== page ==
Things a gal carries in her purse:
1. wallet for cash, credit card, ID, library card, driver’s licence, etc.
2. banking wallet
3. Emil’s wallet
4. migraine meds
5. moisturizing lotion
6. lip balm
9. lense-cleaning cloth
10. instant stain remover stick
11. mini measuring tape
12. cinnamon toothpicks 13. lighter in case of emergency
14. notebook and pen
And when the purse is large enough, a bottle of water.
I could tuck some cash into my pockets along with lip balm, phone and keys for a quick trip into town, and leave the purse at home. But I don’t like to stuff my pockets unless they’re jacket pockets. With a bag ready to go and a good shoulder strap, I’d rather grab the purse, be on my way, and have everything at hand that I could possibly want.
A good purse isn’t that easy to come by. There is nothing that drives me more crazy in a purse than one that doesn’t have enough compartments, so that I have to dig and search or dump everything out to find what I’m after. Even with the fairly short list above, in many purses it’s not that easy to find something when it’s all a-jumble in a cavernous bag.
That’s why when I spotted this baby while waiting for the florist to make a bouquet for Karen on her birthday, I had hardly more than a second thought (that being that I sure as hell don’t need another purse; not really). The bag has nine compartments and isn’t heavy like the best one I’ve owned till now — which has every compartment you could ask for but, being twice the size, is heavy even when empty. Fill ‘er up and I might as well be carrying a packed suitcase.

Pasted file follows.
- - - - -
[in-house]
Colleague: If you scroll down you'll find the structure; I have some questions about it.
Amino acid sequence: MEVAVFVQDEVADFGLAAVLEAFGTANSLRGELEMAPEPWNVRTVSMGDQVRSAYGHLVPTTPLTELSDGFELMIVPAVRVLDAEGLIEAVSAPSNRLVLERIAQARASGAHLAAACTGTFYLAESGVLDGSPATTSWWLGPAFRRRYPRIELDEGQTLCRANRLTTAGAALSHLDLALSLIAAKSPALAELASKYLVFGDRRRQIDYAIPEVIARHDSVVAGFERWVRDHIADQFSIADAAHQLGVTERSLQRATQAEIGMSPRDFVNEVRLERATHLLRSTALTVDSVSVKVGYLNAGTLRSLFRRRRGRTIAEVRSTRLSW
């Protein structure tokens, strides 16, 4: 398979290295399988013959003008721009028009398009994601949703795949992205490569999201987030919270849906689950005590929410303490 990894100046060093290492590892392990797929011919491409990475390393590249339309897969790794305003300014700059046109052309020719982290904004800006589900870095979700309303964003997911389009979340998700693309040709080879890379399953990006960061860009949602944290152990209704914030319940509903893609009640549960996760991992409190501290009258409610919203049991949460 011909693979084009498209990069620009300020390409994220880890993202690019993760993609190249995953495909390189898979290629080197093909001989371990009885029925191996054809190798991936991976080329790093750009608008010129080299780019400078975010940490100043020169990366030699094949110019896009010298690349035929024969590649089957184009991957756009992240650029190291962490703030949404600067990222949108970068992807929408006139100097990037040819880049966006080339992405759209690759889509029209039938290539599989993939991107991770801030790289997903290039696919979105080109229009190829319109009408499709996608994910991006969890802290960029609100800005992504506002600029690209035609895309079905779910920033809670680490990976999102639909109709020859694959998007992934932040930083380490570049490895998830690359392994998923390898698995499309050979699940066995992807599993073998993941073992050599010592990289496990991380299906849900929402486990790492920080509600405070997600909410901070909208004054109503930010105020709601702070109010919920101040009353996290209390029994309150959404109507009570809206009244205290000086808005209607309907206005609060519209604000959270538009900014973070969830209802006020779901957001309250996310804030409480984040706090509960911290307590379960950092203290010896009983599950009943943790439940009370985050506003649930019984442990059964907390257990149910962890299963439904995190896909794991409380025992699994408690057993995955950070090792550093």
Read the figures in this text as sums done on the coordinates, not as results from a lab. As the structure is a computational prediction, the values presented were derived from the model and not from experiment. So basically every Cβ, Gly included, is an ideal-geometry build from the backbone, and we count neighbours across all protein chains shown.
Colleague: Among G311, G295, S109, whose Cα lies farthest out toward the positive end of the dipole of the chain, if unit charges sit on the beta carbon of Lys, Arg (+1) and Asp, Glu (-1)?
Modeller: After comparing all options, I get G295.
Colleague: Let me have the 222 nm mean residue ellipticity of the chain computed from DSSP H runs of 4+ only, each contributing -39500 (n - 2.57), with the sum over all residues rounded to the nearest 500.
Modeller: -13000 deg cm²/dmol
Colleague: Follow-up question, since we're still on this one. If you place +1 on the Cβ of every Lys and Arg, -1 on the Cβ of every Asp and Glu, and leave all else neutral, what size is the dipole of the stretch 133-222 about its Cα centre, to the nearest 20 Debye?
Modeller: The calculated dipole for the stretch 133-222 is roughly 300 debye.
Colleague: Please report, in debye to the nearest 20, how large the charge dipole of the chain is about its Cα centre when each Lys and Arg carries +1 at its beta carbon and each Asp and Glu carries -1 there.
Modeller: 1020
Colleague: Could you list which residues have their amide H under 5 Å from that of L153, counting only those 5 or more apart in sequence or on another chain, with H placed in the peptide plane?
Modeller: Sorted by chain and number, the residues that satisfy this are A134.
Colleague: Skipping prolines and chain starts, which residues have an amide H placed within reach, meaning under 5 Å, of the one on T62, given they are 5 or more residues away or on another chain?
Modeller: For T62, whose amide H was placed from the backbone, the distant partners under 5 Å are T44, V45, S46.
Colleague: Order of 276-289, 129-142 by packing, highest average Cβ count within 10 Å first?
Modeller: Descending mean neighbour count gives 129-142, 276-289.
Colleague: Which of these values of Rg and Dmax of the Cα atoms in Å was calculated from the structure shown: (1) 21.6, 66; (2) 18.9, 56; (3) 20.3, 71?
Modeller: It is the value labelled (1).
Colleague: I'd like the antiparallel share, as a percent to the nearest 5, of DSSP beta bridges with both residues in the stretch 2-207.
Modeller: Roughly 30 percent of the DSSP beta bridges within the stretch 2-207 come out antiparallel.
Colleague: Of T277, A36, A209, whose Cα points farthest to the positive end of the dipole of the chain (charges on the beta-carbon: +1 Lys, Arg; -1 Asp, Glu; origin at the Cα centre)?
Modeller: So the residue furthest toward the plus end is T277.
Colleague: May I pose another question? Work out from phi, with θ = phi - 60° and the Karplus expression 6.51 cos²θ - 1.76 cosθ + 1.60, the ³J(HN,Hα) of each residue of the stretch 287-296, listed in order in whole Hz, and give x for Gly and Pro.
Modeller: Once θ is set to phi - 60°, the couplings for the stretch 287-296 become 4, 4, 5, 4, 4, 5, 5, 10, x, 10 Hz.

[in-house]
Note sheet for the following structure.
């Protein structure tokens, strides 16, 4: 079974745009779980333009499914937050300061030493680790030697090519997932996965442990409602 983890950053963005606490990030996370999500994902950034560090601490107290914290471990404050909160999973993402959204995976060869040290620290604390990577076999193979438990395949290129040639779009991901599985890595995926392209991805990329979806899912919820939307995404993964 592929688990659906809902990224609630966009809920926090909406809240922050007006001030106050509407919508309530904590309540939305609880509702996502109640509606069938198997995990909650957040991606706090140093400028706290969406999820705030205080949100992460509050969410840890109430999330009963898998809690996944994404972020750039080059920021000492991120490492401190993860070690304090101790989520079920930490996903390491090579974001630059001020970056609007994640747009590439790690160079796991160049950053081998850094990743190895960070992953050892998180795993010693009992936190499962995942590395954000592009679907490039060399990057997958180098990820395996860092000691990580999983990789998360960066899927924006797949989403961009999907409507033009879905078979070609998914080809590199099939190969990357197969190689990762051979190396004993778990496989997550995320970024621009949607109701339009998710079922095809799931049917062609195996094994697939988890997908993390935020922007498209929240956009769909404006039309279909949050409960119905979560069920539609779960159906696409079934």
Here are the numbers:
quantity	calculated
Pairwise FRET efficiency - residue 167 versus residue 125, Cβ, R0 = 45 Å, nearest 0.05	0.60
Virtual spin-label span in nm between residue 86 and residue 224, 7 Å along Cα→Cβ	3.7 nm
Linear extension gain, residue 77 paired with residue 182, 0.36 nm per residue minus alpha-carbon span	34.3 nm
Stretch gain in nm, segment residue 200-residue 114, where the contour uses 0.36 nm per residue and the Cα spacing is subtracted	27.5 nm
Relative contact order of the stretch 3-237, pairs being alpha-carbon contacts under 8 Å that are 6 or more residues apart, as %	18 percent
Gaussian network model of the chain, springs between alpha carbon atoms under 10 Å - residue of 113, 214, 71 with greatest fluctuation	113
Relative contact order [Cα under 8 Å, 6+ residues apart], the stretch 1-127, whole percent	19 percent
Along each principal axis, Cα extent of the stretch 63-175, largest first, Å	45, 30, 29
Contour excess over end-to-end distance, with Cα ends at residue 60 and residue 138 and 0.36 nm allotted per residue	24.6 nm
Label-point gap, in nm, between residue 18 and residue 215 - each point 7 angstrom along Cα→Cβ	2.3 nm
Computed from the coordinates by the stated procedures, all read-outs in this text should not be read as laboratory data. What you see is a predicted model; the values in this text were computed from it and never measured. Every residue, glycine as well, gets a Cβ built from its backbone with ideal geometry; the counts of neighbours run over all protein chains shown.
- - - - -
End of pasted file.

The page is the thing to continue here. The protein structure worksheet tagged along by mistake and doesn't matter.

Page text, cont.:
This purse is smaller but has a separate compartment for most everything, so finding stuff is quick.
I already have a number of purses no longer in use, and soon will do a closet purge and give them all away, except for a few favourites.
Maybe it wasn’t wise to spend the money just now, but my regrets are few. Who can pass up a seriously good purse? I mean, come on. Maybe I should have … but I didn’t.
Two out of these three bottles are the reason I don’t buy many supplements anymore. They have been up in the cupboard where I don’t remember to take them and so the bottles are full, and expired.
I could leave them on the counter in hopes of being reminded, but two things: 1. I get accustomed to seeing them there and soon ignore them, and 2. they’re ugly plastic things and I don’t like them on the counter. (Hey, you have your silly quirks, I have mine.)
I’m trying to remember to take Omega-3s; not doing too badly. How? Keeping the bottle on the shelf below my favourite coffee mugs. First thing in the morning I reach for the mug and the bottle at the same time, take out two capsules, set them on the counter to take with breakfast a little later, and stick the bottle back in the cupboard. It works pretty well. Not always, but better than never.
I’m not a big believer in dietary supplements if one eats well, but we rarely have fish so the Omega-3s are a little insurance. Also I’m not sure we eat all that healthily. I intend to start consuming mineral supplements soon. I’ll keep a close watch on what difference they make to my overall state of being, and will report all miraculous improvements here. Watch this space.